A majority of citizens (63%) say that they trust their president “somewhat” or “a lot”. This is according to the latest Afrobarometer survey in Zimbabwe (2014), which shows significant increase in trust levels in the president since 2009. This analysis covers the latest country`s post elections period from 2009 to 2014.
As one would expect, President Robert Mugabe attracts high trust levels in rural communities, from supporters of the ruling party, the Zimbabwe African National Unity Patriotic Front (ZANU-PF), and in provinces where the ruling party holds the majority share.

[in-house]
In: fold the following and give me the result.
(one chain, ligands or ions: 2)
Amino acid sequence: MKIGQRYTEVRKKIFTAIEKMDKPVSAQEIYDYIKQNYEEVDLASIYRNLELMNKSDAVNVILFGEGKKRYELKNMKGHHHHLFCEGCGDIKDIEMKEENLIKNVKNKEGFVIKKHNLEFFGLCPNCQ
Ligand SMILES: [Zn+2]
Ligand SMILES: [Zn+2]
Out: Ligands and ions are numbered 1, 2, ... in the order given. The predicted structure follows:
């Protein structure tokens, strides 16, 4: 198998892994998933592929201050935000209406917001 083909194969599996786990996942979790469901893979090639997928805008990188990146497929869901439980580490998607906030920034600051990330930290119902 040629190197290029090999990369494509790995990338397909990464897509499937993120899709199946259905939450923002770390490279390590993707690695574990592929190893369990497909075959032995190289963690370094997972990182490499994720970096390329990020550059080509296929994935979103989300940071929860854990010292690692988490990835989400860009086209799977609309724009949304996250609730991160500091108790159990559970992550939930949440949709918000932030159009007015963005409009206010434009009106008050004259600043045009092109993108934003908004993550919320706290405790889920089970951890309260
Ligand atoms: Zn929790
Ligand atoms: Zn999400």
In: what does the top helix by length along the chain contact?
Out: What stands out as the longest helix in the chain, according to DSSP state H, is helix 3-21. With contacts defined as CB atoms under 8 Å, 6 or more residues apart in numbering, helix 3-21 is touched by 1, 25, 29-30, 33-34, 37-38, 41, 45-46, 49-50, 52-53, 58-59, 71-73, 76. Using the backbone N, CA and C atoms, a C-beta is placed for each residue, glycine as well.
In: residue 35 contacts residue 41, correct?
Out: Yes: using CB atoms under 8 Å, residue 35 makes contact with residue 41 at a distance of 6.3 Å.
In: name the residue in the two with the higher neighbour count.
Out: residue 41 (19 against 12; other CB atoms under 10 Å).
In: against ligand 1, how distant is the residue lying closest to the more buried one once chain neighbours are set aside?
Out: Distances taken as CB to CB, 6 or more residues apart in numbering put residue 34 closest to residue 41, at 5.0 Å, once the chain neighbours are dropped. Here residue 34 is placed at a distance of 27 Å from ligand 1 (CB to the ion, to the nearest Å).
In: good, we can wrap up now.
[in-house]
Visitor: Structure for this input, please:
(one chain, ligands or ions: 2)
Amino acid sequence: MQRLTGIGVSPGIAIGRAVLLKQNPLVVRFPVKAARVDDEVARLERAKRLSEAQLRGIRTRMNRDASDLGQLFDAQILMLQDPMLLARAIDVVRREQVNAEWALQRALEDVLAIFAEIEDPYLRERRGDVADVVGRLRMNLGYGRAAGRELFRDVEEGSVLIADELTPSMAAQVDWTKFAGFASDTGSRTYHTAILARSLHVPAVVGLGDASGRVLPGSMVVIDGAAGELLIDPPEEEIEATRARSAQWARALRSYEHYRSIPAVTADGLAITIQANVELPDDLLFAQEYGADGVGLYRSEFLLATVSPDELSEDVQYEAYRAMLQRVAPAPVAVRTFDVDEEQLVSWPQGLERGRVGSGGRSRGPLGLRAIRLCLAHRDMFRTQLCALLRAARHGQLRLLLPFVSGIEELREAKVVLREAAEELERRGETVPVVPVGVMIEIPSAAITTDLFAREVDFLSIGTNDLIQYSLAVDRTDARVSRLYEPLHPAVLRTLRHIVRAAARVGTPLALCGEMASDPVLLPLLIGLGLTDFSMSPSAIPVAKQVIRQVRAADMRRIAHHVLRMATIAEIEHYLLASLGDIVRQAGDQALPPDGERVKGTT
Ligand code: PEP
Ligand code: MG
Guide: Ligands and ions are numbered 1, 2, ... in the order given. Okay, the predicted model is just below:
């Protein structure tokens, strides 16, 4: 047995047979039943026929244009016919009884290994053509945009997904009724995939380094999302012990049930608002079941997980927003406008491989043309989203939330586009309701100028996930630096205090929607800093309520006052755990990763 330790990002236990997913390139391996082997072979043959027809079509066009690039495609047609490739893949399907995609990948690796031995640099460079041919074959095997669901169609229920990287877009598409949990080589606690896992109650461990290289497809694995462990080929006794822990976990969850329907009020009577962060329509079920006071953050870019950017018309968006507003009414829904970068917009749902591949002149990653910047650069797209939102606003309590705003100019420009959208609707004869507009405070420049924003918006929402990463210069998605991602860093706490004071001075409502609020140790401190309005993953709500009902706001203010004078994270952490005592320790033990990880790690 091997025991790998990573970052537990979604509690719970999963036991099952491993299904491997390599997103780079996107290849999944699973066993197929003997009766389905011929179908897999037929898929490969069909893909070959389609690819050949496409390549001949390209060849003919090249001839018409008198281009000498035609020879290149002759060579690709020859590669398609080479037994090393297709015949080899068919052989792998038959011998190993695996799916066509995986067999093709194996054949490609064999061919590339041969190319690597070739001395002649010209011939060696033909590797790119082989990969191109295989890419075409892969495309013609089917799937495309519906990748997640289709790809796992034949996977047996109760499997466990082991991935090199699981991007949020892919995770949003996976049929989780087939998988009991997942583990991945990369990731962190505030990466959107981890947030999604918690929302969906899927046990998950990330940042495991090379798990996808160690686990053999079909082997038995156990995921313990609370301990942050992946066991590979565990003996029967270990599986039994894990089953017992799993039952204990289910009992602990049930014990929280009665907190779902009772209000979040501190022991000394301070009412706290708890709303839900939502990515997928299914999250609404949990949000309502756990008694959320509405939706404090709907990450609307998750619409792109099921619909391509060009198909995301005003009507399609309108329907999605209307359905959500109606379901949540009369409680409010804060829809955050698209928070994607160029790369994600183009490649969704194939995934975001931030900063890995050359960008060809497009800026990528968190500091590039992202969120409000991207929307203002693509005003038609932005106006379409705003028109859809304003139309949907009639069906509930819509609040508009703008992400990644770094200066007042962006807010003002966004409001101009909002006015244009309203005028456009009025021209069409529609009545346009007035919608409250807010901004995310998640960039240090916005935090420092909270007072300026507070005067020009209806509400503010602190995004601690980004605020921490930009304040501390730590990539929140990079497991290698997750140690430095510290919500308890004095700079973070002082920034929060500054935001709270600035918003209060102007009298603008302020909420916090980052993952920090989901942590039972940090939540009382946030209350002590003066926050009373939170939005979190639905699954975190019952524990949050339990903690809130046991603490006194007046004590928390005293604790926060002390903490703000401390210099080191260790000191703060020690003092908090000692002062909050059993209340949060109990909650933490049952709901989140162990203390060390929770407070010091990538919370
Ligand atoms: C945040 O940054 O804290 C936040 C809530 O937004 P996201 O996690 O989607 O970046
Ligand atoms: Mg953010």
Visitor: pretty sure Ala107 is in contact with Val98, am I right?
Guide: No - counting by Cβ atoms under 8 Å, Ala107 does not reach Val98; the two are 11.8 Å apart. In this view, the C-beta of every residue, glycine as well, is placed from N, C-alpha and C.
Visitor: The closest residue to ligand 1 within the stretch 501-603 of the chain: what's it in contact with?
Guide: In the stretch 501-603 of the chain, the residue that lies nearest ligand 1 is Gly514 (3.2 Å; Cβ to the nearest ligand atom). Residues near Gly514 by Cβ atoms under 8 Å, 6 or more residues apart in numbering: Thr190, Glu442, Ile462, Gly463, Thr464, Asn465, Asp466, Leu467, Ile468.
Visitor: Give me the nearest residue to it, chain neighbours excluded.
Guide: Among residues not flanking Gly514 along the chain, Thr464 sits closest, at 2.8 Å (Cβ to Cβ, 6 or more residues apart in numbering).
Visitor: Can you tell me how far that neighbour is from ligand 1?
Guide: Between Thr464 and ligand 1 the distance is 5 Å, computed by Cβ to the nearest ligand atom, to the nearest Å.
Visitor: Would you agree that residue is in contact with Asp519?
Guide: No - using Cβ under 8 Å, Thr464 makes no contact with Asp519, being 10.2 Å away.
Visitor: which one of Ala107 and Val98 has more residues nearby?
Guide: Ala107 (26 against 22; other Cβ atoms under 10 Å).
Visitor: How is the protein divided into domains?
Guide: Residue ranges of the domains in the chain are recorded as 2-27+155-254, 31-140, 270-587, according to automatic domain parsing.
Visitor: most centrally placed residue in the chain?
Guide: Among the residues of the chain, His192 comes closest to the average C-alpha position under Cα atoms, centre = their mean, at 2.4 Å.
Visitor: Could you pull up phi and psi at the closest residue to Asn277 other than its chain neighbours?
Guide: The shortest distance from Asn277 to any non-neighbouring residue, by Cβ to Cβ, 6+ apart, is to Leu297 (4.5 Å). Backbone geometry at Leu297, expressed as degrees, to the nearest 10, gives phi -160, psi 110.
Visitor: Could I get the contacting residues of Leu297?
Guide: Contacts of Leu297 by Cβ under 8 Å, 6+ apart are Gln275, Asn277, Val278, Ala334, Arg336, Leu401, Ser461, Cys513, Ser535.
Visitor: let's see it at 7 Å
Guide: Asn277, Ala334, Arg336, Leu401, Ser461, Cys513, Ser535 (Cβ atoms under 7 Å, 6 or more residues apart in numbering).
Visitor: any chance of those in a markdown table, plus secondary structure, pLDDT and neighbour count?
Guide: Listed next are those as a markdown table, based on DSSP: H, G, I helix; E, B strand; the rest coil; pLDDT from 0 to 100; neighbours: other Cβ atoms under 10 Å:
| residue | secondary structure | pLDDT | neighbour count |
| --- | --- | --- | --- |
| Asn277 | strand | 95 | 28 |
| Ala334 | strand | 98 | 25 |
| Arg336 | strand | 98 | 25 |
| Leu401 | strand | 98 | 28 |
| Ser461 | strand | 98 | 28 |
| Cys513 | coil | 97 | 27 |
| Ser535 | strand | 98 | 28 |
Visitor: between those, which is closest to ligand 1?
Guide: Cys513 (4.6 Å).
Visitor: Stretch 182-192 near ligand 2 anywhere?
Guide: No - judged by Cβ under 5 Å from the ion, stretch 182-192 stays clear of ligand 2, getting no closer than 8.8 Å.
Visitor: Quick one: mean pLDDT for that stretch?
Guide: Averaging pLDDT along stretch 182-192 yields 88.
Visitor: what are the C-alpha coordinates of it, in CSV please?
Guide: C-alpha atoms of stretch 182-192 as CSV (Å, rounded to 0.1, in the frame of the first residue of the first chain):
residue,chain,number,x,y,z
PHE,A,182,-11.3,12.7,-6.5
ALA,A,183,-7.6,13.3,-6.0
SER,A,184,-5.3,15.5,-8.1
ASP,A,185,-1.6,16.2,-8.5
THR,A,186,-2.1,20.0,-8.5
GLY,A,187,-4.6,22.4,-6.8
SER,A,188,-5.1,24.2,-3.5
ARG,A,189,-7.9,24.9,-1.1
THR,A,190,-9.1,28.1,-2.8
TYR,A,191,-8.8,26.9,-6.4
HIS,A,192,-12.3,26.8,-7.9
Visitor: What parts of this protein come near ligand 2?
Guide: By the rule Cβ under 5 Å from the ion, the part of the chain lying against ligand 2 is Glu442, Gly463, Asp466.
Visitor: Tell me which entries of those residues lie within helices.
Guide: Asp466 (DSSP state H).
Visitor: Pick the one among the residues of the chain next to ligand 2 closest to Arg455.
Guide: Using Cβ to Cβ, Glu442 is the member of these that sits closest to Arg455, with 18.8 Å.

These findings come at a time when Zimbabwe has experienced a growing disconnect between constitutional protections and the daily experience of ordinary citizens. The post-2008 constitution conforms to most widely-accepted democratic norms and protections, such as: holding free and fair elections, the independence of the different parts of the government, adherence to the rule of law, political freedoms, and the existence of independent media and civil society. However, the country has experienced widespread human rights violations, with large numbers of Zimbabweans being arrested and harassed for demanding freedom of expression. Furthermore, the politicisation of key organs of the state such as the judiciary, the military, police force and public services remains a great concern to citizens.